3 reasons why the OpenAI meltdown matters
The chaos at OpenAI in the wake of CEO Sam Altman's abrupt firing is no mere boardroom drama — it's a fight for the future of AI.
Why it matters: OpenAI and its ChatGPT product ignited the boom in AI, the most important new technology since the advent of the internet — and now the company is essentially up for grabs.
Context: AI has the potential to reshape the entire economy. (And if doomsayers are right, much worse stuff, from waves of disinformation to, you know, the obsolescence of human minds.)
- The outcome of this drama will play out in the tech industry, sure, but also the job market and the stock market, and, to borrow a line from OpenAI's charter, possibly the future of humanity.
The latest: OpenAI's fate is still unclear. Nearly all of its 770 employees signed a letter threatening to quit the company and join Microsoft, its biggest investor, if the board didn't resign and bring back Altman.
- But so far the board is standing firm, trying to reunify the company. While investors in OpenAI are reportedly mulling a lawsuit against the board and still trying to get Altman back; a move Microsoft's CEO Satya Nadella said he'd support with some conditions.
Zoom in: Here are three reasons you should pay attention.
1. The blowup accelerates the commercialization of AI.
- Though the full story has yet to emerge, the rift between Altman and OpenAI's board reportedly involved the former CEO's work to speedily popularize and commercialize generative AI, Axios' Scott Rosenberg writes.
- Whether back at OpenAI or at Microsoft, Altman would likely be unleashed to develop the tech — profitably.
2. It juices the Big Tech battle for dominance in AI.
- OpenAI was the "It Girl" — the public face of AI's mainstream rise — and now there's an opening for a new belle of the ball. It's not necessarily Microsoft's for the taking, even with Altman.
- OpenAI's implosion gives the rest of Big Tech time to catch up. And competitors are already plotting their next moves, The Information reported.
- Google has been "trying all year to race and catch up to OpenAI after the release of ChatGPT," said Jon Victor, a reporter at The Information, on a chat with subscribers yesterday. "This resets the dynamic."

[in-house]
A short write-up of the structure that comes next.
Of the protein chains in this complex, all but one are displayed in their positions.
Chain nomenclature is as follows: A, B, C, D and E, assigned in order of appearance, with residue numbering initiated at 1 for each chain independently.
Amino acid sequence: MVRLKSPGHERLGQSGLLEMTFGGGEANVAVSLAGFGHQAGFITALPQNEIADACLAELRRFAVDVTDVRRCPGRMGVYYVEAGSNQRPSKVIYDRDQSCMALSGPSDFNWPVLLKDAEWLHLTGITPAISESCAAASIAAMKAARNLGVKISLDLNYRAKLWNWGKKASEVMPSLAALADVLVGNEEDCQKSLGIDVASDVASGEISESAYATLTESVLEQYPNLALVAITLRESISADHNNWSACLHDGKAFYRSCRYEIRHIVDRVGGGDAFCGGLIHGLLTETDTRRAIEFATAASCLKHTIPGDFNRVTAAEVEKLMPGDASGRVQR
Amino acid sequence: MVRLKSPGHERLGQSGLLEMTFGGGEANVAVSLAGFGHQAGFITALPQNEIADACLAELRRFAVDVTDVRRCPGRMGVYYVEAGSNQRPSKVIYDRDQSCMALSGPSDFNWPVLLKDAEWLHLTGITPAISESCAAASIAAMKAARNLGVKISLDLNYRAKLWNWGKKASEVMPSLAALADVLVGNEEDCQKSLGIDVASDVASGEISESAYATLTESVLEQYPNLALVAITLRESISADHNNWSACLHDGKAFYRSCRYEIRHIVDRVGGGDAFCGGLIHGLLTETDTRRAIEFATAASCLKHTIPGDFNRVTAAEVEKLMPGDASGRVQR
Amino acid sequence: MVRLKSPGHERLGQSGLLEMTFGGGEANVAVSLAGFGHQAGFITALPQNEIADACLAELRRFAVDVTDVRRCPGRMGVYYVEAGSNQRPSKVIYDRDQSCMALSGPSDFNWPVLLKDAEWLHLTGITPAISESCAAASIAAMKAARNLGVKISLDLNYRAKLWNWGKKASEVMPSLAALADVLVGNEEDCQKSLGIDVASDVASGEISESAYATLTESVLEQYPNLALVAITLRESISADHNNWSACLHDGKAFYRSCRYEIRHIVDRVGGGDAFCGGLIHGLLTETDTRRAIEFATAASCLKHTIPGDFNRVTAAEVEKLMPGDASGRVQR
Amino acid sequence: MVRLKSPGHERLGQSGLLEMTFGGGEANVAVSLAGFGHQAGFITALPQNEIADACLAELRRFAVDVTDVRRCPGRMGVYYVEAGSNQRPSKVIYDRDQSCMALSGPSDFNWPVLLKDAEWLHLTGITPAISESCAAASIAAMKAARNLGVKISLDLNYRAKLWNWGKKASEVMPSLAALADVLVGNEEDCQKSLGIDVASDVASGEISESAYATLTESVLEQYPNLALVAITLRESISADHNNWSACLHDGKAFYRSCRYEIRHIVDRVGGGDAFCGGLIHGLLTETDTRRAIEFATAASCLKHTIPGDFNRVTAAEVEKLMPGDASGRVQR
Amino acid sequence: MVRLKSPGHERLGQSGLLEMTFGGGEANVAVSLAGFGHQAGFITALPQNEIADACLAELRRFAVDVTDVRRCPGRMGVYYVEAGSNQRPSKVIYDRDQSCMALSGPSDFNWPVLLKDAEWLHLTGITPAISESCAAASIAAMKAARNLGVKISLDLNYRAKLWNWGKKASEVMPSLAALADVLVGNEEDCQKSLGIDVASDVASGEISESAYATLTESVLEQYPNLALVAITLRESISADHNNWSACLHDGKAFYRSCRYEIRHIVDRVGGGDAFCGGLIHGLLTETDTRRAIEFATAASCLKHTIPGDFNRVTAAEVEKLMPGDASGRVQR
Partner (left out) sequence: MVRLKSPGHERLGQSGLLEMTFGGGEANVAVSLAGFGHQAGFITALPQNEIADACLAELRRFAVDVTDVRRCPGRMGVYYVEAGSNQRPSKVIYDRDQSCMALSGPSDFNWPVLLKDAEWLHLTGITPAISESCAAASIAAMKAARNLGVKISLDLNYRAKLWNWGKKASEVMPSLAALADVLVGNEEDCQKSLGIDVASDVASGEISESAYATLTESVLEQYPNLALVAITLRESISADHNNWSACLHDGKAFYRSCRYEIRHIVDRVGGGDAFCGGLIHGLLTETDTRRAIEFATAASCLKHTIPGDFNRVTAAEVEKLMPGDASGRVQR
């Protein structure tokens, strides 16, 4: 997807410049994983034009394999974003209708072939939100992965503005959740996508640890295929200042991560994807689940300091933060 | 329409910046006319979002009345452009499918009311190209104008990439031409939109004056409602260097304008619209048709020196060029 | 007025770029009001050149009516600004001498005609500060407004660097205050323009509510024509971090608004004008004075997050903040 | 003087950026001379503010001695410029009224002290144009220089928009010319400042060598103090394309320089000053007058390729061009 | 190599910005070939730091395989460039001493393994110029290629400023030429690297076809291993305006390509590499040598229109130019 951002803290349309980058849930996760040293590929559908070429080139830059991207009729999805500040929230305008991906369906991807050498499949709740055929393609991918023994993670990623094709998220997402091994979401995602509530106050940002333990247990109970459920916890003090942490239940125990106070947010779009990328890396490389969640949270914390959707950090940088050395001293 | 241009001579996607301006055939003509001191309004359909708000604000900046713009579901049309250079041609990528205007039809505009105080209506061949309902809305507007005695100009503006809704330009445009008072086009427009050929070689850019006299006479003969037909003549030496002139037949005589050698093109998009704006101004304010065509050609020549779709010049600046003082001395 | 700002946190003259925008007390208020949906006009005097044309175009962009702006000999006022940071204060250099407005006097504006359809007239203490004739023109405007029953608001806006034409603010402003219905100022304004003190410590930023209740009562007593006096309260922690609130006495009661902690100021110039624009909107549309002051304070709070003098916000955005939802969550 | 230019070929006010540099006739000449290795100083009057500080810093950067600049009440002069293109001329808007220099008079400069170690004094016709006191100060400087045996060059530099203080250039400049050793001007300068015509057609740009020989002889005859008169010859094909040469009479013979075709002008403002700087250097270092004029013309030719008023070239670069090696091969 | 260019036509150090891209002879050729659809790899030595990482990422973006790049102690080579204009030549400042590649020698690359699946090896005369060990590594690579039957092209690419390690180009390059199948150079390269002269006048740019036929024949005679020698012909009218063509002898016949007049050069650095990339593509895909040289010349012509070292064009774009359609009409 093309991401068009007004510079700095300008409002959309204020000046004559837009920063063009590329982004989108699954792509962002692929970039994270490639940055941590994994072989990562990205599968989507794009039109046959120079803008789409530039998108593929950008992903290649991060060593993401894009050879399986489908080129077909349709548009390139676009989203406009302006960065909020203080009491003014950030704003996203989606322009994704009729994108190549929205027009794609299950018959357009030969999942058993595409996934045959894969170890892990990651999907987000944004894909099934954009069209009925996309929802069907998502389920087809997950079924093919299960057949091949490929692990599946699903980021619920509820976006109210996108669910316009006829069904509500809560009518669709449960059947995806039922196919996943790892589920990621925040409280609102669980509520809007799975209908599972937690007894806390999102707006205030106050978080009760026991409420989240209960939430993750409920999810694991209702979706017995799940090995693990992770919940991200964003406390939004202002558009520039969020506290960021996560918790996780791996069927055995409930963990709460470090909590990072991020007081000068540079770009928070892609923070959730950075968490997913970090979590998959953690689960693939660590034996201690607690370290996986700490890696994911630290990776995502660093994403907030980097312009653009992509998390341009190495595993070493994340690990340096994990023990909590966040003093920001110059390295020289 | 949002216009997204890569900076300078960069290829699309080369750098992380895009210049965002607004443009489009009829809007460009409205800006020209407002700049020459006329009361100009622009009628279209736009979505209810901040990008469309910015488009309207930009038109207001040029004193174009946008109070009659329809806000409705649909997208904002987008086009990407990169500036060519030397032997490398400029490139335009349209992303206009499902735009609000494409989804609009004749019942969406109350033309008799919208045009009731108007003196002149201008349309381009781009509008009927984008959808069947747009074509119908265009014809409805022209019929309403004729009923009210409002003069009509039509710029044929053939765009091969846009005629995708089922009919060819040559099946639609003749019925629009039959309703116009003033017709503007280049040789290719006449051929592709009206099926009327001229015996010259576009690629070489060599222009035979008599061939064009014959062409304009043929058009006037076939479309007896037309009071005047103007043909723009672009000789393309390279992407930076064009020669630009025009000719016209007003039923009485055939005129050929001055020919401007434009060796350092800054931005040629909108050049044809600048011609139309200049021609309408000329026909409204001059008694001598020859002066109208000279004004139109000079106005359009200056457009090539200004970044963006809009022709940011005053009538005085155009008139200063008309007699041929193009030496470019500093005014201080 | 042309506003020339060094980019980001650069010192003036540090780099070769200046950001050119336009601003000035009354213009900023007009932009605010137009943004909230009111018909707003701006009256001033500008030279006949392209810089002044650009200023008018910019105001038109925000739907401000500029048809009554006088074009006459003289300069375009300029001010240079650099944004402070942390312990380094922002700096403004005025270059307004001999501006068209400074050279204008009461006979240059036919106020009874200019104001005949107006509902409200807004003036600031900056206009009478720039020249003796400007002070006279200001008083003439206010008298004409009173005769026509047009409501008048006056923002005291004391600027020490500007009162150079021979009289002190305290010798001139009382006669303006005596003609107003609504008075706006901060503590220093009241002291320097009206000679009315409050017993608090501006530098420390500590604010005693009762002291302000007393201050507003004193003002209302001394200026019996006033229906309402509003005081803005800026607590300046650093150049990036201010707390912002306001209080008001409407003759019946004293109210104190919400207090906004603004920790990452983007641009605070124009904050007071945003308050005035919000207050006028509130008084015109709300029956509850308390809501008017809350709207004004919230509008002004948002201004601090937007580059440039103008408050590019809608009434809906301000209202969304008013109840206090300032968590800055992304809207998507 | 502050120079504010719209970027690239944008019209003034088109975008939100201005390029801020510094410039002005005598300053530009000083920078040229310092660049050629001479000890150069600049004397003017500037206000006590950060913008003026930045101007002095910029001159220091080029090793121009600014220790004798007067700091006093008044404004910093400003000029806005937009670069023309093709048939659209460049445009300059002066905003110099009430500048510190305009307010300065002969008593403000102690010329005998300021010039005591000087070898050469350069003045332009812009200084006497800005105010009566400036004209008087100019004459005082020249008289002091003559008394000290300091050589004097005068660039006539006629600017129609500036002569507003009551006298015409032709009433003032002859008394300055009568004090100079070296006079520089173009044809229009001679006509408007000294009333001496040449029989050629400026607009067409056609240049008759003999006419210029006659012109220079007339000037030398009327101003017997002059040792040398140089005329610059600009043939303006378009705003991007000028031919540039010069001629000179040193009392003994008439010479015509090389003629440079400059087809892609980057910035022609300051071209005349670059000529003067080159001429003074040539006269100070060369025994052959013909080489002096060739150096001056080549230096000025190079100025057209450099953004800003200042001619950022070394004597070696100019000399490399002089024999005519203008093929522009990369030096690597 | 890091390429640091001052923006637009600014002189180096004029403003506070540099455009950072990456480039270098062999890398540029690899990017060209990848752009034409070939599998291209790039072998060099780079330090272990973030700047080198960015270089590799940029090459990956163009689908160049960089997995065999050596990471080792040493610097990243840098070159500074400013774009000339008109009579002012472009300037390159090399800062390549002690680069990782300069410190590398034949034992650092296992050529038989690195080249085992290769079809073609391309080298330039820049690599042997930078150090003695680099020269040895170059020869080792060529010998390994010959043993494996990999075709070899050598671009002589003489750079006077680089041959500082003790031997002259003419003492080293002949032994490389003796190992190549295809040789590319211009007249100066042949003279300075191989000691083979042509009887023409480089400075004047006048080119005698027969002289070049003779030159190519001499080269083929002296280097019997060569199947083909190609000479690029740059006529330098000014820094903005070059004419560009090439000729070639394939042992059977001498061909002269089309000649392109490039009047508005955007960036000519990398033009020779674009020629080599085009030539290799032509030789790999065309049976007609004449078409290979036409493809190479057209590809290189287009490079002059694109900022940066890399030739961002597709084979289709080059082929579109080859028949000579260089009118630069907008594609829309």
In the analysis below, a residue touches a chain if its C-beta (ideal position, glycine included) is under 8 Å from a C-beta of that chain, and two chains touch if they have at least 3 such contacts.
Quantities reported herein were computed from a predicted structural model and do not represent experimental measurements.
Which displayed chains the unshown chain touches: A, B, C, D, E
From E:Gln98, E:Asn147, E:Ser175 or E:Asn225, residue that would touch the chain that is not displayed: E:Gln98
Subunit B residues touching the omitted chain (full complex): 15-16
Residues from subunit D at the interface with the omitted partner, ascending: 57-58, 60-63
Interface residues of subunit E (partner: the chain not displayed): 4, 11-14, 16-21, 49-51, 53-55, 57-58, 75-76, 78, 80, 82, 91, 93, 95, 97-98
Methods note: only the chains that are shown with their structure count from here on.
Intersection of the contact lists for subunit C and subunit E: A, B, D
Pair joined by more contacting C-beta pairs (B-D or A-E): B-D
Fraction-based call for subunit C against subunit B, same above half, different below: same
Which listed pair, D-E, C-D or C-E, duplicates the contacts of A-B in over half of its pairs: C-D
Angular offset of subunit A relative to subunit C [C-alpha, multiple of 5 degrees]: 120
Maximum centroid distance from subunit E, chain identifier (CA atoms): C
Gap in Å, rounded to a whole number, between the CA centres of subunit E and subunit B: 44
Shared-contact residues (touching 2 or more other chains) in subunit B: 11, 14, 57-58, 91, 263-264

- OpenAI customers are already reaching out to its biggest competitor in the startup space, Anthropic, as well as Google and another rival, Cohere, per The Information.
3. It underscores the importance of AI talent.
- None of these companies have a shot at dominance without the talent to do the work. AI-skilled engineers are the hottest thing in tech right now. While the industry has gone through a rough patch of layoffs, these workers are commanding big wage premiums.
- OpenAI's employees are its "core differentiation — its ambitious and experienced technical talent," said Macquarie analyst Fred Havemeyer, in a note, per the FT.
- If they carry out their threat to quit en masse and go to Microsoft, that's a win for the tech giant in the AI talent war.
- It also may mean that Microsoft can acquire a critical company — and skirt antitrust attention. "[Y]ou can make the case that Microsoft just acquired OpenAI for $0 and zero risk of an antitrust lawsuit," writes Ben Thompson.
- Other tech companies are pouncing. Salesforce CEO Marc Benioff offered to hire any OpenAI researcher who's resigned, in a post on X.
- Yes, but: Where all that talent lands is still very much in play. The Information's Victor suggested some could return to Google after having been lured away by OpenAI earlier this year.
The bottom line: OpenAI was founded with the aim of placing principle over profit in the development of artificial intelligence. The board perhaps believed that firing Altman was a step in furtherance of that aim.
- Instead, it appears to have unleashed the very thing it was trying to avoid.